DAZZLER (1981) #1

      8. THE NEW MUTANTS
      First Appearance: MARVEL GRAPHIC NOVEL #4
      Why They’re #8: “The first ever X-Men spin-off series featured characters from all over the world as Professor Xavier continued his mission to help mutantkind by welcoming a new batch of students. The five original New Mutants—the Brazilian Sunspot, Vietnamese Karma, Dani Moonstar of the Cheyenne Nation, the Scottish Wolfsbane, and Cannonball from Kentucky—constitute one of the most diverse mutant teams ever. As their ranks grew to include a number of fan favorite female characters—Magma and Magik—as well as the dynamic duo of Cypher and Warlock, the teenagers experienced a dramatic shift when Magneto assumed headmaster duties from Xavier. Their education continued through triumph and tragedy, and they eventually struck out on their own, only to find a new purpose with the militaristic Cable. By learning from three drastically different mentors, the no longer new mutants possess diverse skill sets that now benefit such teams as X-Factor, the X-Men, and the Avengers.” – Brett White
      Digital Comics Spotlight: NEW MUTANTS (1983) #1

      7. ROGUE
      First Appearance: AVENGERS ANNUAL #10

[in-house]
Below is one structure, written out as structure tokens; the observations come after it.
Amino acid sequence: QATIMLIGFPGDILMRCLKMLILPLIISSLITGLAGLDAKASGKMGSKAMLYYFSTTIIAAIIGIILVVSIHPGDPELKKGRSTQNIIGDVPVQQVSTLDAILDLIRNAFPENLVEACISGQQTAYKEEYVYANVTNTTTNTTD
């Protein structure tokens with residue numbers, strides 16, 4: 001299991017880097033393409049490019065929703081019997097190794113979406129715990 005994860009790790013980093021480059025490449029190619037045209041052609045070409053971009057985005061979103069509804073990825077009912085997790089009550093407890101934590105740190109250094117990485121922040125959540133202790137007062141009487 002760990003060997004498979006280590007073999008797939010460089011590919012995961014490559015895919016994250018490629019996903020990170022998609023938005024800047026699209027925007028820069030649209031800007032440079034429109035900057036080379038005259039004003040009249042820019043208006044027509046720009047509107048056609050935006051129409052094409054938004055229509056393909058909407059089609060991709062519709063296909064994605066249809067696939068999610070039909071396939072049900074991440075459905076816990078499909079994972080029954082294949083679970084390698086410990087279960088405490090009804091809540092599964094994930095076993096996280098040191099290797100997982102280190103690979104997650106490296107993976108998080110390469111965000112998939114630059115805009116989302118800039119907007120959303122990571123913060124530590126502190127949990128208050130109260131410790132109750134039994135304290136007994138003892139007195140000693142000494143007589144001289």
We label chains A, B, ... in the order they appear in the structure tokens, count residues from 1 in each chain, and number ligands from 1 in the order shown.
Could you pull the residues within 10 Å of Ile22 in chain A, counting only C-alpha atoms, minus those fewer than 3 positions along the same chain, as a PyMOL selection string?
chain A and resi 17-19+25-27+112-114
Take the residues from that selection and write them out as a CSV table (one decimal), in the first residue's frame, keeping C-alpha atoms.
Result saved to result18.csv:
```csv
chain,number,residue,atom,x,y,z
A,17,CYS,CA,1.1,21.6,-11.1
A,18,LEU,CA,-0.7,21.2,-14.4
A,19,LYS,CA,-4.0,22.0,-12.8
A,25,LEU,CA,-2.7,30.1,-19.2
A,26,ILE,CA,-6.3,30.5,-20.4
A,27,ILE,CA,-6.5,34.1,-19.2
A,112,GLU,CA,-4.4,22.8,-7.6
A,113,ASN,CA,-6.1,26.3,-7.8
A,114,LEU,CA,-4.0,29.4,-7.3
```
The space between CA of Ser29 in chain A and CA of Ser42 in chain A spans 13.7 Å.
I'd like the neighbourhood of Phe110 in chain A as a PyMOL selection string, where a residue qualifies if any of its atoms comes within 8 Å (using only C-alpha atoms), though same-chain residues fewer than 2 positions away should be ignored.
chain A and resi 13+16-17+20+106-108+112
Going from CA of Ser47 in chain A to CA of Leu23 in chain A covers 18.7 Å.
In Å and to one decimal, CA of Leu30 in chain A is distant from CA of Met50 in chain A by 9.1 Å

Why She’s #7: “The enigmatic Rogue made first contact as a villainous pawn of Mystique and the Brotherhood of Evil Mutants in November of 1981. Like the streak of white coursing through her russet mane, she sent a violent shockwave through the mutant community, robbing opponents of their minds and talents with the slightest touch. At the behest of the Brotherhood, she attacked Carol Danvers, and in the process permanently assumed her traits of resilient skin, augmented strength, and flight. In time, she fell under the wing of the Xavier School, where, over the course of many years, she learned to control the abilities that left her a pariah from an early age. Rogue remains a quintessential example of the mutant metaphor, overcoming the stigma of fear others attached to her uniqueness. Now this irrepressible Mississippi firebrand removes her gloves with her teeth, unashamed and eager to put her skill to good use, to contribute to the cause of her adopted family.” – Paul Montgomery
      Digital Comics Spotlight:
      UNCANNY X-MEN #173

      6. EMMA FROST
      First Appearance: UNCANNY X-MEN #129